Shamim Manzar on Karachi: “The Pakistanis Have Learned Patience”
Pakistanis come to the Empress Market in colourfully painted busses, the main mode of transport in Karachi (Photo: Kashif Paracha)
4 June 2012
The beach, the sea, and tropical climate, that is Karachi, but it is also poverty and bloody attacks. Between the two, a young music scene is emerging that seeks links with the west. Shamim Manzar, member of the staff at the Goethe-Institut Karachi, knows all sides of the Pakistani city.
What is the most beautiful part of Karachi?
Manzar: Have you ever looked in an atlas to see where Karachi is? On the Arabian Sea. The Arabs feel drawn to the sea. And the beaches of Karachi are particularly beautiful. People come here all the way from Lahore or Islamabad just for them.
What topic is currently the most hotly debated in the Karachi press?
Two topics: For one, the Pakistani blockade of NATO trucks to Afghanistan is in the headlines. Until now, the NATO soldiers were transported in trucks from Karachi to Afghanistan. But a few months ago, the Pakistani government prohibited this access. Now there are heated debates between the USA and Pakistan. Even here, opinions are divided about it. The second volatile topic is domestic political unrest. After the division of British India in 1947, different ethnic and religions groups who immigrated to newly established Pakistan settled in Karachi. There are always disputes between them. There is great resentment among the native population towards the immigrants, since the latter are better educated and therefore have higher status in society.
Elegant colonial structures like the D. J. Science College rise between slums and derelict apartments (Photo: Kashif Paracha)
What is ‘culture’ in Karachi?
Karachi is multicultural; the people have different cultures. For example, the Punjabis, who cultivate folk dances like the bhangra and play drums, the tabla, and string instruments. The Sufi culture is represented in Karachi with the Sindhi. It goes back to the scholarly poets of Sufism. At their celebrations, the Sindhi recite poetry in ecstatic chants and move as if they were in a trance. The young Pakistanis have discovered a new music style: it is a blend of western rock and Pakistani folk music. This trend has been going on for a while now, but since the beverage brand Coca-Cola set up a studio in Karachi, young musicians have the chance to show their creativity.
German teacher Manzar: “Pakistanis are more liberal than they are portrayed in Europe.” (Photo: Kashif Paracha)
When Europeans think of Pakistan, most of them probably think of fundamentalists, al-Qaida and Osama Bin Laden’s following. I cannot deny that they exist, but they are not the majority. Most Pakistanis are more liberal than they are portrayed in Europe. They don’t want the fundamentalists. However, there are only a few courageous people who rebel against them; the larger part is silent because they are frightened.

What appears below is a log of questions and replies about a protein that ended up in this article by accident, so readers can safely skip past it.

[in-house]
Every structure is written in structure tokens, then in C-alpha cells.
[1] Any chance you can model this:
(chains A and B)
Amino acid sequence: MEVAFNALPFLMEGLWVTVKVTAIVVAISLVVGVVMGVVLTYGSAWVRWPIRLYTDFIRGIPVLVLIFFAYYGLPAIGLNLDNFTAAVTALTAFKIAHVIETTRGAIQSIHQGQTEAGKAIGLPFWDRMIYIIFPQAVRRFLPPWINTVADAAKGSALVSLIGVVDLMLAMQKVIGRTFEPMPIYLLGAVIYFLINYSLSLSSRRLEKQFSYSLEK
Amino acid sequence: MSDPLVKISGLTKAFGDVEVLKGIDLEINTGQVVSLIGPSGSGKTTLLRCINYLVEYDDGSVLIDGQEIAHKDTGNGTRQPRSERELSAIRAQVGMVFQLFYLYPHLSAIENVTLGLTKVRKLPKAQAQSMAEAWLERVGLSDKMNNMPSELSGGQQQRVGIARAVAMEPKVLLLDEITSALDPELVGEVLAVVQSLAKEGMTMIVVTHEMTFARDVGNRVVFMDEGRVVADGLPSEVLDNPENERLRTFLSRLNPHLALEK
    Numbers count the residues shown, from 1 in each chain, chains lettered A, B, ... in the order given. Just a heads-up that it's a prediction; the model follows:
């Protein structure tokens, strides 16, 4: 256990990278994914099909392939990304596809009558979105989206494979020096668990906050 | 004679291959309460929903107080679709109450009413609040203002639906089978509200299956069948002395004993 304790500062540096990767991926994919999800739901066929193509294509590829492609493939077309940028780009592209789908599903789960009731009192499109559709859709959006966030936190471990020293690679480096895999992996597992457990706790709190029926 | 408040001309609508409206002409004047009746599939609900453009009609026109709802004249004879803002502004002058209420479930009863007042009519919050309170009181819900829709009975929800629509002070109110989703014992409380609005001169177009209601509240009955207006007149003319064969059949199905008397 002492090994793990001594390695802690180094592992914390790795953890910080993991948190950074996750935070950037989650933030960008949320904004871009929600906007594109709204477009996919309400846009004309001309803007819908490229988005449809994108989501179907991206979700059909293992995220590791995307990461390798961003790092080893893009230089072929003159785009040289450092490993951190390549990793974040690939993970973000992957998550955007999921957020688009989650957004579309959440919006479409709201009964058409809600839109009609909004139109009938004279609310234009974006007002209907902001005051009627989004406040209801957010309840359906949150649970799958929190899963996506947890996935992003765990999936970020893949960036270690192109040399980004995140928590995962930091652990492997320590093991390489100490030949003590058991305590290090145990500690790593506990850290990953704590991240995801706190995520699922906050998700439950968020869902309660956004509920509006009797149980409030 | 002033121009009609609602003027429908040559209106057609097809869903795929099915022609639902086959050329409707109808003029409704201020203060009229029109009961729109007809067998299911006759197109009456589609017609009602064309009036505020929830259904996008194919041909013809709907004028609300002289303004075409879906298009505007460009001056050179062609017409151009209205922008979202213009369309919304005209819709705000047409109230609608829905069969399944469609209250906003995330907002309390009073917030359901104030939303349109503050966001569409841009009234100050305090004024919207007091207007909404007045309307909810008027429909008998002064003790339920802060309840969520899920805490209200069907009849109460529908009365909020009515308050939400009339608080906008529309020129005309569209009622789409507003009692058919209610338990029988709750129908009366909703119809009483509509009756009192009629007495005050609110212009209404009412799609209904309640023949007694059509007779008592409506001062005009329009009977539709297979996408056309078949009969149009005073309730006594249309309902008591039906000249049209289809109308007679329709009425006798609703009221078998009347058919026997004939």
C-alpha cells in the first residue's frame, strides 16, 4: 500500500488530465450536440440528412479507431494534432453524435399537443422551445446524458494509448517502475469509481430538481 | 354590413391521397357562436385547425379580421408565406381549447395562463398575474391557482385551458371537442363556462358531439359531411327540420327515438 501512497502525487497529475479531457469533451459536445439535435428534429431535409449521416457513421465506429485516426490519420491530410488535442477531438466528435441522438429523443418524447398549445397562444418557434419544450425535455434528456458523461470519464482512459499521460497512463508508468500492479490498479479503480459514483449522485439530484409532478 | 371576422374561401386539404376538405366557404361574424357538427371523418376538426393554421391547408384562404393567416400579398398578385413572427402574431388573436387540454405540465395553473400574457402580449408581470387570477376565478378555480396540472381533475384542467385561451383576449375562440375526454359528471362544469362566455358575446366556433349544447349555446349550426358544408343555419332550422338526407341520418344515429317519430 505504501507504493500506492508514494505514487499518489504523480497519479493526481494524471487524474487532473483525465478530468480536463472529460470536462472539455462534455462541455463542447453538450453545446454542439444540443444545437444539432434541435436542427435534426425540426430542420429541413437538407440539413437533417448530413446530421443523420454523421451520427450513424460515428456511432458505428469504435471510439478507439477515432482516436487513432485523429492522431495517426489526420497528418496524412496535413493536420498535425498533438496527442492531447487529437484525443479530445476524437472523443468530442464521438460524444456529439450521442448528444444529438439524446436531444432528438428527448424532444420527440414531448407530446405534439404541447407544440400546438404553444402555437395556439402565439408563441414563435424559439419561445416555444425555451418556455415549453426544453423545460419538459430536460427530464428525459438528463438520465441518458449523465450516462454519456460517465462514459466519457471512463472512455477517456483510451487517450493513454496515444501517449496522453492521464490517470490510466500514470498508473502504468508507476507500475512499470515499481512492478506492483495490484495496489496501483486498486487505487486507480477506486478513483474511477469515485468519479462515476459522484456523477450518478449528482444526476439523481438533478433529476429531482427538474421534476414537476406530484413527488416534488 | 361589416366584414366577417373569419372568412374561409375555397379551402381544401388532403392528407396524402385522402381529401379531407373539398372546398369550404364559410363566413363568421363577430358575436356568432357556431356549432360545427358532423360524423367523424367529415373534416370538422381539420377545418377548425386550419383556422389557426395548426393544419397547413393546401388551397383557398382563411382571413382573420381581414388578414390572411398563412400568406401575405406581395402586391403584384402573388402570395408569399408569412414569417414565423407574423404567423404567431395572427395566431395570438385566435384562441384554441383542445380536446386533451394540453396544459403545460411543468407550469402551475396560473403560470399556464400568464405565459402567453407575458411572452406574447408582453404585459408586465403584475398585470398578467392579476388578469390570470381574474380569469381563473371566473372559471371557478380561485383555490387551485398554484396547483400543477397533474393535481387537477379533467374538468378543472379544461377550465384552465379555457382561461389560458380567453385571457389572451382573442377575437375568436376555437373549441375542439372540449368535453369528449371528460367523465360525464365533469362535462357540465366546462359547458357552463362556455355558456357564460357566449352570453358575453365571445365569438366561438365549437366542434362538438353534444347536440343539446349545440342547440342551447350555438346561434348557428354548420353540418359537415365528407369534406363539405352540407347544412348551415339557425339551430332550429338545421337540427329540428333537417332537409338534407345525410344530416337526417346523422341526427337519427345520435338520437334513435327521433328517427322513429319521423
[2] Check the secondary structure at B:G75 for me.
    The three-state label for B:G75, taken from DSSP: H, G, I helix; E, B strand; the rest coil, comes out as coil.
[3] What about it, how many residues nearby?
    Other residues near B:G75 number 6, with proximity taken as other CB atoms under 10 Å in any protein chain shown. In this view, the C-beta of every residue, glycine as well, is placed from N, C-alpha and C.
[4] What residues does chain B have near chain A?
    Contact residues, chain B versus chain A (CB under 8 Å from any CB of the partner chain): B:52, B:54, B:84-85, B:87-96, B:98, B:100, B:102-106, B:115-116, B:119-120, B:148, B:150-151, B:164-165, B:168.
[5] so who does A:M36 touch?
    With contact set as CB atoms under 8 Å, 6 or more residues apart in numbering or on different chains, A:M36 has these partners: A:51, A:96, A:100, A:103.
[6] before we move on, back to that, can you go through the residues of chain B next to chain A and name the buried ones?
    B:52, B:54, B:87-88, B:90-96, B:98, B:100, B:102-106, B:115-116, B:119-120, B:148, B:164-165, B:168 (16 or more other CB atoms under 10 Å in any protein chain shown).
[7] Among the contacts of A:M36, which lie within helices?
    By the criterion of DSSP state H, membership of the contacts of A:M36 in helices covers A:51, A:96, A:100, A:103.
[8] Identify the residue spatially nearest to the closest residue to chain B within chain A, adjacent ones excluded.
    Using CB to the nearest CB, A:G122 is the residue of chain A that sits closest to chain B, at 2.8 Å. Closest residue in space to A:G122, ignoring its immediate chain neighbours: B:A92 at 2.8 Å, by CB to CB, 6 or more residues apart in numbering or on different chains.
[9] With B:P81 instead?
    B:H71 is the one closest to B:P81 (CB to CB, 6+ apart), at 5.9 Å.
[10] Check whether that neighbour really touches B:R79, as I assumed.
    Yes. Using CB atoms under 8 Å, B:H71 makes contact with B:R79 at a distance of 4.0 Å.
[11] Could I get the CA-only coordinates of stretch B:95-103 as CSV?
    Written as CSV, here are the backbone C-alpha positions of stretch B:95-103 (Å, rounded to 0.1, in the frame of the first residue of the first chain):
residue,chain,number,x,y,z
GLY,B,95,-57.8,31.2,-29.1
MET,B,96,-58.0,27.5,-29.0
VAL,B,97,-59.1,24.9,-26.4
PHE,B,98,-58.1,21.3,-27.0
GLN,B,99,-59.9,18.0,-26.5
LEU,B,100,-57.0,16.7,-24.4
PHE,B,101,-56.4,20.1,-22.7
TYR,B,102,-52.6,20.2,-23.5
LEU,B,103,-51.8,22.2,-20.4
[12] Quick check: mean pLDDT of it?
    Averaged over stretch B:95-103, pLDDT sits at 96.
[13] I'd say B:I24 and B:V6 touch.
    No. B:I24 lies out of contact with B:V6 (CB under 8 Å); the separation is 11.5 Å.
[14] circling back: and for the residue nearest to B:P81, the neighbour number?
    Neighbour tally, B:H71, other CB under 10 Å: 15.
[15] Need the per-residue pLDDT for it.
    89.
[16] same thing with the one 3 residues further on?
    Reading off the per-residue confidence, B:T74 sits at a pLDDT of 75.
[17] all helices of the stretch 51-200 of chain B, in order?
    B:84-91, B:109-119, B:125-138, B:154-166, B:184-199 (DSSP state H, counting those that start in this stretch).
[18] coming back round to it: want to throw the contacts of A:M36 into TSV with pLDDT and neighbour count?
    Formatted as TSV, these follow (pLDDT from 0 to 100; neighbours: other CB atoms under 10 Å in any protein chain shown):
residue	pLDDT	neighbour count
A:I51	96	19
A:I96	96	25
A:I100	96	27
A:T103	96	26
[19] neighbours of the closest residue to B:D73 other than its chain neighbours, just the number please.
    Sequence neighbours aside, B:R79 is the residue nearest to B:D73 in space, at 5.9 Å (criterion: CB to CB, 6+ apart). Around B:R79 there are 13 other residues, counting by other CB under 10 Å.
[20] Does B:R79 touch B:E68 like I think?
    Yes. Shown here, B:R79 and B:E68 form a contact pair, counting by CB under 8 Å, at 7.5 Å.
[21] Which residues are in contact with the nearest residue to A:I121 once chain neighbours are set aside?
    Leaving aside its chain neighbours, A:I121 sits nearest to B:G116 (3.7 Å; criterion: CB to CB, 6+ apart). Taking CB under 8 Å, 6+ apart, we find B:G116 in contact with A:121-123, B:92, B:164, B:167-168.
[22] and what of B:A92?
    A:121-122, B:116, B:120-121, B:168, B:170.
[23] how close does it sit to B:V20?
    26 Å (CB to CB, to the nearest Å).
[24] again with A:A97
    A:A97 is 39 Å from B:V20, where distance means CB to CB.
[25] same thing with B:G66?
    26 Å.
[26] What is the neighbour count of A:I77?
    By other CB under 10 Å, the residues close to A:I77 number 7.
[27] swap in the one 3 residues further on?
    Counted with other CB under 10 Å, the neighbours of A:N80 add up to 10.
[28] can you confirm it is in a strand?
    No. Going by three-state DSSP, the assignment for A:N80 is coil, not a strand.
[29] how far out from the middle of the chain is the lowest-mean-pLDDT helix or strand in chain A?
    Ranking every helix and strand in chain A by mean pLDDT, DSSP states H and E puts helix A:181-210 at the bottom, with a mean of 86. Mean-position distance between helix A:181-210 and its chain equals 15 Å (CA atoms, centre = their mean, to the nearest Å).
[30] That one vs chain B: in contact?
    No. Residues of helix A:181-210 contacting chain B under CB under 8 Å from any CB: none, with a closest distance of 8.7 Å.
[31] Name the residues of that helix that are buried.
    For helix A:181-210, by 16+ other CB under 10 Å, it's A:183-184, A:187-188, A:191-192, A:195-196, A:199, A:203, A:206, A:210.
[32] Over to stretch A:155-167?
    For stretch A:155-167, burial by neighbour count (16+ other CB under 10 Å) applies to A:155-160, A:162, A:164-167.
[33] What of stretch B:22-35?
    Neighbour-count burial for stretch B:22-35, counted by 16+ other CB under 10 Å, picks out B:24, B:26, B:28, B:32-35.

What can we learn from the Pakistani people?
Patience. For example, when a Pakistani applies with the authorities for a certificate, he is told he can come and pick it up in one week. So, he goes back to the office, but the certificate won’t be ready, and he is given a new date. This can go on for three months until the Pakistani finally raises a ruckus. The people here have learned patience. Poverty and the political regime taught it to them.
Children sell sweets on the beachside promenade to assist their families’ finances (Photo: Kashif Paracha)
Why do Pakistanis learn German?
For three reasons. Pakistani students learn German so that they can continue their studies in Germany. Then there are the businesspeople that work with German companies and learn German because they occasionally travel to Germany or receive German clients in Pakistan. The third group learn German as part of marriage migration. Women and men who follow their spouses to Germany have to pass a language test to get a visa.
What surprised you the most in Germany?
How helpful the people are when you ask them directions. Once it even happened to me that a person took me to the place I asked about. If you ask a Pakistani for directions and he doesn’t know them exactly he’ll send you any place.
What do the people in Karachi love to do most of all?
They love most to walk on the beach. It’s also the only thing they can do; the summers are hot and it costs nothing.
Ramblers and decorated camels on Sea View beach (Photo: Kashif Paracha)
What is your dream project?
To promote European and German literature in Pakistan. Although prominent German works such as Goethe’s Faust or Hermann Hesse’s Siddhartha are available in Urdu, Pakistan’s national language, many more ought to be translated. Here, we can only build a bridge to Europe through literature or music. For Pakistan, I hope for peace between all of the ethnic and religious groups.
Daniela Gollob asked the questions.
Shamim Manzar, 56, studied International Relations in Karachi while learning German at the Goethe-Institut. He was surprised when the director of the institute encouraged him to become a German teacher. He then went to Munich to complete his diploma. He has now been teaching German for 25 years and is head of language work at the Goethe-Institut in Karachi where he lives with his wife and five children.